Date: Nov 27, 2012 8:35 PM
Author: Ben Bacarisse
Subject: Re: Simple random number generator?
"Existential Angst" <firstname.lastname@example.org> writes:
> "Ben Bacarisse" <email@example.com> wrote in message
>> Clark Smith <firstname.lastname@example.org> writes:
>>> On Mon, 26 Nov 2012 15:08:17 -0500, Existential Angst wrote:
>>>> Would be the digits of e, pi, et al?
>>>> If that's the case, no need for fancy pyooter algorithms?
>>>> Inneresting article on pi, randomness, chaos.
>>> Is it not the case that the digits of e, pi et al. can't strictly
>>> be random, if it is only because they are highly compressible? I.e.
>>> because there small, compact formulas that spit out as many digits as you
>>> want in a completely deterministic way?
> Well, as I responded above, Bailey/Crandall would most certainly
No they don't. They use random, quite properly, in a slightly informal,
It is of course a long-standing open question whether the digits of
and various other fundamental constants are "random" in an appropriate
Note the quotes and the fact that the term is immediately qualified.
>> Of course, that's also the case for the "fancy pyooter algorithms" that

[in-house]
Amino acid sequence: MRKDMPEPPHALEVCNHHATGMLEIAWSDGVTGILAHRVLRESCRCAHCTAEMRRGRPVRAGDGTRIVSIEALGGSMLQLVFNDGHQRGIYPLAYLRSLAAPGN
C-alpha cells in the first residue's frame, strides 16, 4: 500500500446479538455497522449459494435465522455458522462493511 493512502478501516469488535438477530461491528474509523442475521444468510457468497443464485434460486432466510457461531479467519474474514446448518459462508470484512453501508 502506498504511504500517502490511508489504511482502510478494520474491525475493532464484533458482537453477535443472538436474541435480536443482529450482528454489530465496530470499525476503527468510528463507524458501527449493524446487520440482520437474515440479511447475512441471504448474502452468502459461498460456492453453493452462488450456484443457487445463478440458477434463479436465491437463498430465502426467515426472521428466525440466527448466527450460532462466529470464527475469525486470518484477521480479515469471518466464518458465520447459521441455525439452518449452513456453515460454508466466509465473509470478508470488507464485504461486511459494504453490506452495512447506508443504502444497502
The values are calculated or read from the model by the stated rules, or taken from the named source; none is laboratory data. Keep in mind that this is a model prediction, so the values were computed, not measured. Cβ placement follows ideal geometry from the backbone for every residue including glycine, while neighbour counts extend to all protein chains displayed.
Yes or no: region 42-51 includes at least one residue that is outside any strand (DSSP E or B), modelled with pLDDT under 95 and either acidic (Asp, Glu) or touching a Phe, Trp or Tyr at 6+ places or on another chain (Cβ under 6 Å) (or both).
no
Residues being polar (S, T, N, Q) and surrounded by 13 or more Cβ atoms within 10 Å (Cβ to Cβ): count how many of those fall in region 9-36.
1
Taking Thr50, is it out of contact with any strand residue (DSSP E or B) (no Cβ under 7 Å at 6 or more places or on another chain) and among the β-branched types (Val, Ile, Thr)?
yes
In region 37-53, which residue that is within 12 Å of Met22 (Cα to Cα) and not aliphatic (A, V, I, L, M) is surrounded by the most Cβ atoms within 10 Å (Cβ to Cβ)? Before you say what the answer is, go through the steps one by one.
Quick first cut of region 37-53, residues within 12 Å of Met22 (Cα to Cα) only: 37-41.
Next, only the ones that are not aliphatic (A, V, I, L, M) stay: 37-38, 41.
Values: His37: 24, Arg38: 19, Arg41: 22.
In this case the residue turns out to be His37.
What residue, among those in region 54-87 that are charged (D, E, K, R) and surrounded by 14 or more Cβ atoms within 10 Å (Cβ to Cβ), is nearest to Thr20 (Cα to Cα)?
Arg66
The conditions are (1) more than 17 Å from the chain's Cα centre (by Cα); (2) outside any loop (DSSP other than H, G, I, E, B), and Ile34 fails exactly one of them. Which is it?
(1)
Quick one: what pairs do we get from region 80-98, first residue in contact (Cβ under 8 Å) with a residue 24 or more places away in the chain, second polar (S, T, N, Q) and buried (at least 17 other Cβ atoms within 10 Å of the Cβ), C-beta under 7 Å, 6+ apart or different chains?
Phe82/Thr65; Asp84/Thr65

>> Existential Angst wants to replace, so he or she is not really talking
>> about random but about pseudo-random sequences.
> Well, ackshooly I am talking about true random. Bailey and Crandall are
> hypothesizing that e, pi et al are true random (I like "intrinsically
> random"), but you and others are apparently arguing that because pi can be
> calc'd or generated, it cannot be random. Bailey/Crandall would clearly
> disagree with this.
No, they don't. I am sure they accept the information theoretic
meaning of the word, just as I accept the statistical sense of the term
(especially what in "scare quotes").
> Calculating the digits
>> of pi or e etc (and, presumably, some simple combinations thereof) is
>> harder than the super fast "fancy" algorithms already used, so I don't
>> see the benefit.
> Hasn't pi been calc'd to billions of places already? Seems to me that's
> enough random numbers to last people for a while.... lol
Does the lol mean you are joking?
> I think "intrinsic experiments", like single-photon slit/diffraction
> experiments would be an elegant way to generate true random numbers -- but
> even that is then dependent on the "legitimacy" of the experimental
Good quality, hardware-generated random number sequences (if our current
understanding of quantum effects is correct) are random in a different
way to the digits of pi. It helps if the terminology is be able to
distinguish between them.